Ecofeminism has become an increasingly important field in both contemporary feminist and environmental studies. Although, as Diamond and Orenstein note, ecofeminism is really ‘a new term for an ancient wisdom’ (Mies and Shiva 1993: 13), it first came to prominence in the early 1980s, its bases in feminist philosophy, environmental activism and the European and American peace movements of the late 1970s. The term itself was first used by Françoise d’Eaubonne in 1980 (Mies and Siva 1993: 13) and was increasingly adopted by both scholars and environmental activists. Organised in response to the Three Mile Island nuclear disaster, the 1980 ‘Women and Life on Earth: A Conference on Eco-Feminism’ focused on ‘the connections between feminism, militarization, healing and ecology’ (Mies and Shiva 1993: 14). The adoption of the term had also been preceded by much women’s poetry and fiction in the 1960s and 70s, and has gained increasing prominence through the work of philosophers Val Plumwood and Karen Warren. It has also been adopted by other disciplines through the writing and activism of Arundhati Roy and Vandara Shiva.
Ecofeminism stresses the indissoluble connectedness – both physical and conceptual – of the earth itself, and all life on it. Humans, as a part of this community depend on earth and sea, and the life this generates for survival;but they are even more fundamentally of it,one component part of the living whole. As Val Plumwood notes, the basic interconnectedness of all matter and psyche is such a ‘truism’ that it is puzzling that it should need to be remarked at all. ‘But the reason why this message of continuity and dependency is so revolutionary in the context of the modern world is that the dominant strands of Western culture have for so long denied it, and have given us a model of human identity as only minimally and accidentally connected to the earth’ (Plumwood 1993: 6). Even though we all have a ‘formal knowledge of evolutionary biology’, this disconnection ‘remains deeply and fatally entrenched in modern conceptions of the human and of nature,’ continuing to ‘naturalize domination in both human and non-human spheres’ (1993: 6).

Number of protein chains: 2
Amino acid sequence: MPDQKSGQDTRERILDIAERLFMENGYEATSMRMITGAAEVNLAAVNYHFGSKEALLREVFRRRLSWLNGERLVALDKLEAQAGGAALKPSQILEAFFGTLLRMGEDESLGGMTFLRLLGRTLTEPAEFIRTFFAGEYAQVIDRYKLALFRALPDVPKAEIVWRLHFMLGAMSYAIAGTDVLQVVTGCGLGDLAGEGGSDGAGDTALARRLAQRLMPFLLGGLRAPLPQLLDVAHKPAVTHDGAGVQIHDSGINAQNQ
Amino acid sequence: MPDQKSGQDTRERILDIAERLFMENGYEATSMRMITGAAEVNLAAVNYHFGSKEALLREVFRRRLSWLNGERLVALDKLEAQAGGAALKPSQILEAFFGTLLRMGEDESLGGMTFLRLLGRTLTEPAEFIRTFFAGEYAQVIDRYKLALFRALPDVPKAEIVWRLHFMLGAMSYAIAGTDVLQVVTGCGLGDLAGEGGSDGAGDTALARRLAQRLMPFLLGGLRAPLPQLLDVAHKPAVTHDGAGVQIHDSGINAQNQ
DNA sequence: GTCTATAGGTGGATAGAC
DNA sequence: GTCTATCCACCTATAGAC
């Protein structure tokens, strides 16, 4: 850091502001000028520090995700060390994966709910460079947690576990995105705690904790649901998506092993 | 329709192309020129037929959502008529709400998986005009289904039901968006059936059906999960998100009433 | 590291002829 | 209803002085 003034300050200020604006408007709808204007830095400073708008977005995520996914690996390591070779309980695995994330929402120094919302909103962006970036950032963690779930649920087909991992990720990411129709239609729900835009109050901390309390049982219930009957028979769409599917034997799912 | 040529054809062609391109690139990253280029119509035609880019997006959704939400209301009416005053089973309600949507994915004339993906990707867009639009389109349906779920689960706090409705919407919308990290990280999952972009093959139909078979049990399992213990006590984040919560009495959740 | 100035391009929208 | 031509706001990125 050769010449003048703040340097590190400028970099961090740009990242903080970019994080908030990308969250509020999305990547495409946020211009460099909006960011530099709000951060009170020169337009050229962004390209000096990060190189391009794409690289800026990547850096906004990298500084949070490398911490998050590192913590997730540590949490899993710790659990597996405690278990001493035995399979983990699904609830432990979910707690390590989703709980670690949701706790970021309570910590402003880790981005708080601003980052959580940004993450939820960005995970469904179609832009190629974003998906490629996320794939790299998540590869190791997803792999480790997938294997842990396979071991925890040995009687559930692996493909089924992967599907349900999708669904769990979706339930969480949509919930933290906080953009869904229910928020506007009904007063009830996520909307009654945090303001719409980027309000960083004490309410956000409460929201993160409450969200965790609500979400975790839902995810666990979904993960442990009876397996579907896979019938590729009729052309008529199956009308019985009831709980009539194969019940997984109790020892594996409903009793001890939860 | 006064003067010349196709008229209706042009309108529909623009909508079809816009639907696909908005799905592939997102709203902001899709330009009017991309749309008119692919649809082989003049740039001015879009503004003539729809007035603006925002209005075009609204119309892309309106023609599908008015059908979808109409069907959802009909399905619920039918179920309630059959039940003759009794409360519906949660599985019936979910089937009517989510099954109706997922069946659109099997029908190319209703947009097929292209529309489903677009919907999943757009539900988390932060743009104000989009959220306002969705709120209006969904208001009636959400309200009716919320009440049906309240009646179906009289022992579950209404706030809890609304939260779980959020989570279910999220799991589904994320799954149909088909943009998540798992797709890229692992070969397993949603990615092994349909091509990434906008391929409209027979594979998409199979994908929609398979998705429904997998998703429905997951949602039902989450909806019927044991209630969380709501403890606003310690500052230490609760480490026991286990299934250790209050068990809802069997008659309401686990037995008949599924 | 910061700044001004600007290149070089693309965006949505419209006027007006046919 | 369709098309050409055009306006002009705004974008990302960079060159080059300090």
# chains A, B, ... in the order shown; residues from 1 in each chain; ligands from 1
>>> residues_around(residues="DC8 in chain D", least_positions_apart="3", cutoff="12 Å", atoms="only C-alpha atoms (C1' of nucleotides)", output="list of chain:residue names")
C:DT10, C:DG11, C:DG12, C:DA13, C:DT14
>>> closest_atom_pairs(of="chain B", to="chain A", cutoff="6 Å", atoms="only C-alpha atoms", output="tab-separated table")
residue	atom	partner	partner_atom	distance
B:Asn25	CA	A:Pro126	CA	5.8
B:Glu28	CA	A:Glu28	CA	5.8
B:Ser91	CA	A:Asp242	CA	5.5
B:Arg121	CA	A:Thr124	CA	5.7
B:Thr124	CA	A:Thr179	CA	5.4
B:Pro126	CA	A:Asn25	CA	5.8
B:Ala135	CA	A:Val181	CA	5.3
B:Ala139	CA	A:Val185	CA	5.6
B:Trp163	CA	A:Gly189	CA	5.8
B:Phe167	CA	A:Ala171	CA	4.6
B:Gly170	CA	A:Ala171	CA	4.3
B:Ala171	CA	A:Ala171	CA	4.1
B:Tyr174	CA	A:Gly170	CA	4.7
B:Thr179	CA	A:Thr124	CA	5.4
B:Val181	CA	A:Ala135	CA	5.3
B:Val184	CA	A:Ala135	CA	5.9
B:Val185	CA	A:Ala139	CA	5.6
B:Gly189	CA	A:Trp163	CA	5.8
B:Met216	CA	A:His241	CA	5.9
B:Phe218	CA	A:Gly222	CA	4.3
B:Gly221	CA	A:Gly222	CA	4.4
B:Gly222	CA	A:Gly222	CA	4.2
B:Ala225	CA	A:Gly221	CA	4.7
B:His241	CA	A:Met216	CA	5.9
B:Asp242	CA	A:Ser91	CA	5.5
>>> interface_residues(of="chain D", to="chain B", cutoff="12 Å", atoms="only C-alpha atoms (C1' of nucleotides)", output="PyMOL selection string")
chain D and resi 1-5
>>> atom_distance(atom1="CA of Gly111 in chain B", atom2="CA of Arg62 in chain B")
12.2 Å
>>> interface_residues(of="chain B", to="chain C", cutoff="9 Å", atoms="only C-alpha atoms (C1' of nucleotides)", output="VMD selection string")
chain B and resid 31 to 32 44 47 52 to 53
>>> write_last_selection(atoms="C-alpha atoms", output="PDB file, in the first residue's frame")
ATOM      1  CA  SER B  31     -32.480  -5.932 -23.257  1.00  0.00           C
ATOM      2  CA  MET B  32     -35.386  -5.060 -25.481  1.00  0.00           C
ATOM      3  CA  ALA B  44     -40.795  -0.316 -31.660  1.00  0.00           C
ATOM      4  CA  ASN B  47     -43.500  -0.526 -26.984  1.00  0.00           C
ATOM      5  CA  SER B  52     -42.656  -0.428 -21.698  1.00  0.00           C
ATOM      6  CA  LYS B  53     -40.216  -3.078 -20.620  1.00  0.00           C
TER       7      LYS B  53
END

Ecofeminists, however, reject the notion that ‘man’s freedom and happiness depend on an ongoing process of emancipation from nature, and an independence from and dominance over natural processes by the power of reason and rationality’(Mies and Shiva 1993:6). The tenets of Enlightenment reason rely for their continuing power on a number of linked and hierarchized binarisms: nature and culture; black and white; civilization and savagery; the human and the animal. As Mies and Shiva argue,‘wherever women acted against ecological destruction or/and the threat of atomic annihilation, they immediately became aware of the connection between patriarchal violence against women, other people and nature’ (14). The ‘corporate and military warriors’ aggression against the environment was perceived almost physically as an aggression against our female body’ (14).
To stop the exploitation and despoliation of, in Plumwood’s phrase, the ‘more than human’ world, radical changes in Western and Westernderived capitalist thinking are required. Central to such rethinking is the dismantling of those dangerous and divisive dualisms of patriarchal economies whose modern roots in Western cultures are traceable to the dictates of reason.Reason is interrogated not, as Plumwood stresses, to instantiate the unreasonable, but to understand the historically and philosophically contingent bases of the subjugation of women, nonwestern people and the natural world.
Western rationality, which still assumes that the basis of human civilization consists in a progressive detachment from ‘nature’, also dominated the colonial period.The more closely associated with nature non-European peoples and women were considered to be, the more ‘inherently’ inferior they were; inferiority ensured and justified patriarchal/Western civilization’s destruction and domination of other lands and peoples. Land itself, cast as a female and ‘new’ to Europeans, was ‘ripe’ for conquering and taming.
The legacy of the dominant discourse, as ecofeminists recognize, is environmental devastation and on-going destruction of plants,animals and other subject peoples in the name of capitalist ‘progress’ identified as ‘civilization.’ Ecofeminism thus seeks to establish – or in the case of some colonized cultures,to re-establish,a sense of interconnectedness of being, through ontological change and political activism replicating the philosophy of connectedness in an amalgam of theory and practice. As its affirmation of the shared ground of all being suggests,ecofeminism (especially in the United States) has strong spiritual as well as political and scholarly dimensions;modern retrieval of the traditional confluence of material and spiritual being intimately connected to place and the earth in many pre-colonized cultures.
Source: Post-colonial Studies The Key Concepts Second edition Bill Ashcroft, Gareth Griffiths and Helen Tiffin, Routledge 2007.
Further reading: Mies and Shiva 1993; Plumwood 1993; Warren 2000.